It has been a long time since I went 5 weeks between original posts. (That is, not counting posts that direct you to something I published somewhere else, or posts when I aggregate other people’s work on a subject.) But illness and holidays and time with family and updating our adoption homestudy and writing other things and helping out friends all took precedence over blogging.
All this time away gave me an opportunity to re-examine how I feel about blogging in general, and about this blog in particular.
Generally, when I write for my blog, what you all are getting is a rough draft – I click publish, and “voila!” – my disorganized first stab at taking on a subject appears for anyone to read. Admittedly this is not how blogging has to be, but it seems to be how I do it. It is not my best, most poetic, most polished, most thoughtful work. It is what I am thinking now that I have a feeling might be useful to someone. It is like starting a conversation and not getting to stick around to see how it goes. Or sowing seeds for another to harvest, maybe, if any land on fertile ground.
In the past few months, I have been re-learning the art of slow writing – of multiple drafts written and set aside and re-read and re-organized, until I reach something that is better than I imagined I could have produced. It is only at that point that I declare the piece finished, mostly out of fear that if I touch it again it will get damaged. (I am still working out a better way to figure out when I am done than: 1-fear; 2-hit the deadline; or 3-editor says so. Let me know if there is a better way.)
Slow writing for me means not for this blog. I am not sure if this is mostly because I want to take advantage of the larger readership of other publications, or if it is because it is nice to get paid sometimes, or if it is because I am old enough to remember a time before the internet, when you didn’t really count as a writer unless you got a publisher to sit up and take notice. Anyway, there you have it. Or, there you don’t have it, until it is published.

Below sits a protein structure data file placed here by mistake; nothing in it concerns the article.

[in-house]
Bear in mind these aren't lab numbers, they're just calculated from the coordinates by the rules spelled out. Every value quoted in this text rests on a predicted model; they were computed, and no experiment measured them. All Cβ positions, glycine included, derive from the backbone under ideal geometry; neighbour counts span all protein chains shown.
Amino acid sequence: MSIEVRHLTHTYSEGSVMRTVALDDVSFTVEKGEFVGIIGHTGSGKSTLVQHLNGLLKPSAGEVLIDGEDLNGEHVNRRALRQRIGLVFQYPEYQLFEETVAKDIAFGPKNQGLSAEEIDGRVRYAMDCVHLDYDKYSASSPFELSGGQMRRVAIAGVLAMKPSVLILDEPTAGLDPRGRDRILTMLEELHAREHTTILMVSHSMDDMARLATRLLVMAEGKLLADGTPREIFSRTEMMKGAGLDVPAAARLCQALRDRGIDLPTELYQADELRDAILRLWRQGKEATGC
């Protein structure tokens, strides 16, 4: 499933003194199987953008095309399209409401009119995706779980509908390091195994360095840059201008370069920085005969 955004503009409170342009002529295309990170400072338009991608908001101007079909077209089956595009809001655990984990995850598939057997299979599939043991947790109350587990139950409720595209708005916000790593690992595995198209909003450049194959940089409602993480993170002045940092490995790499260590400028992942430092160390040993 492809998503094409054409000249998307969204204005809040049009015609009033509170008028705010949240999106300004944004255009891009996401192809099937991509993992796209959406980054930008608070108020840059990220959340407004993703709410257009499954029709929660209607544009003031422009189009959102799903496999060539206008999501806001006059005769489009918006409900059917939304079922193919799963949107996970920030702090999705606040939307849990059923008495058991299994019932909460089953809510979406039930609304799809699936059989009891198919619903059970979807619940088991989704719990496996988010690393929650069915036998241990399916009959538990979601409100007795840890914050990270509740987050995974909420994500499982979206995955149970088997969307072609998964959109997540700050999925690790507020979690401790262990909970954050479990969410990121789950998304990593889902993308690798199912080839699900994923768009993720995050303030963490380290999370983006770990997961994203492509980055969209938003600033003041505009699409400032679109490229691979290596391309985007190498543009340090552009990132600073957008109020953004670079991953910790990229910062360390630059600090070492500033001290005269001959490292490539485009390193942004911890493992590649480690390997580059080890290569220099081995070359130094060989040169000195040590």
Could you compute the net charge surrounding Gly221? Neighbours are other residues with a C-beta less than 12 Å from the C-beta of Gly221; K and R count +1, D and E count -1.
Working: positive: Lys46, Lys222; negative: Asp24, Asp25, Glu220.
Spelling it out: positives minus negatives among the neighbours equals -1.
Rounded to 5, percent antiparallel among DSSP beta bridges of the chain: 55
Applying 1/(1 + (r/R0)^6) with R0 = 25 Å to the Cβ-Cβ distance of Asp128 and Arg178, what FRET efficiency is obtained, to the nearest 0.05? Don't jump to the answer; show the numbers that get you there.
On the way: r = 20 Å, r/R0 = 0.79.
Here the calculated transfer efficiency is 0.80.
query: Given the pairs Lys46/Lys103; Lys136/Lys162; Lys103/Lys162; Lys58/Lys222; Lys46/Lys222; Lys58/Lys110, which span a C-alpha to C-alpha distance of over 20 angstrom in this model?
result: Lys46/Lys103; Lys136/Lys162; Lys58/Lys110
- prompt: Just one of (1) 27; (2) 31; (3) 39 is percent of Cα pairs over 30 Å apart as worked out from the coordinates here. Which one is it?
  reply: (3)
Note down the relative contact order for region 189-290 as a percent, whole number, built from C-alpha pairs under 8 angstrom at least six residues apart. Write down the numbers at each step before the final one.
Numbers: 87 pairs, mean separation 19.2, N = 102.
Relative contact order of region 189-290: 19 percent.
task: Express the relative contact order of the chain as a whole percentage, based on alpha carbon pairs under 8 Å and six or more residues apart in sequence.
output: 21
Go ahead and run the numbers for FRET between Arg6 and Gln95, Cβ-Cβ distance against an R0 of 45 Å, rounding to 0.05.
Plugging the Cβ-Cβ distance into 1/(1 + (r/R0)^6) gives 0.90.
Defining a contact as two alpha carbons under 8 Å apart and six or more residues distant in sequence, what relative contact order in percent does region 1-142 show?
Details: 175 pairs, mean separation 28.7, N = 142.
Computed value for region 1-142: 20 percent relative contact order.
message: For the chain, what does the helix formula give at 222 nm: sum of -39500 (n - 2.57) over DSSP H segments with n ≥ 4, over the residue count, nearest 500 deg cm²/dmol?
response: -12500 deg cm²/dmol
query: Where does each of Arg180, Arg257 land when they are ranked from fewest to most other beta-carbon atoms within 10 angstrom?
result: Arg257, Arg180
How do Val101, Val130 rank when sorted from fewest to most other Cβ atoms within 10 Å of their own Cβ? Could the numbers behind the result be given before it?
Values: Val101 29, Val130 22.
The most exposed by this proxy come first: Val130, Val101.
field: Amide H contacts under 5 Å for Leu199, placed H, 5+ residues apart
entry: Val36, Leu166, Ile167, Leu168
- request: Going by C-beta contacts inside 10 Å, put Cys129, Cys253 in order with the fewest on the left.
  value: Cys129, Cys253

In the meantime, while all of this other writing and bronchitis and traveling and parenting and other things were going on, the blog was still here, like… actually, all of the analogies I thought of would only make sense to someone born before 1980. So let’s just say – the internet is always on. The blog is here, with all of the entries, whether I am writing anything new or not. And it is encouraging sometimes to read the search terms that brought a new reader to a particular entry that will hopefully make a difference to them.
And so in blogging, as I hope in all of my endeavors, I pray along with Thomas Merton:
My Lord God, I have no idea where I am going. I do not see the road ahead of me. I cannot know for certain where it will end. Nor do I really know myself, and the fact that I think I am following your will does not mean I am actually doing so. But I believe that the desire to please you does in fact please you. And I hope I have that desire in all that I am doing. I hope that I will never do anything apart from that desire. And I know that if I do this you will lead me by the right road, though I may know nothing about it. Therefore I will trust you always though I may seem to be lost and in the shadow of death. I will not fear, for you are ever with me, and you will never leave me to face my perils alone.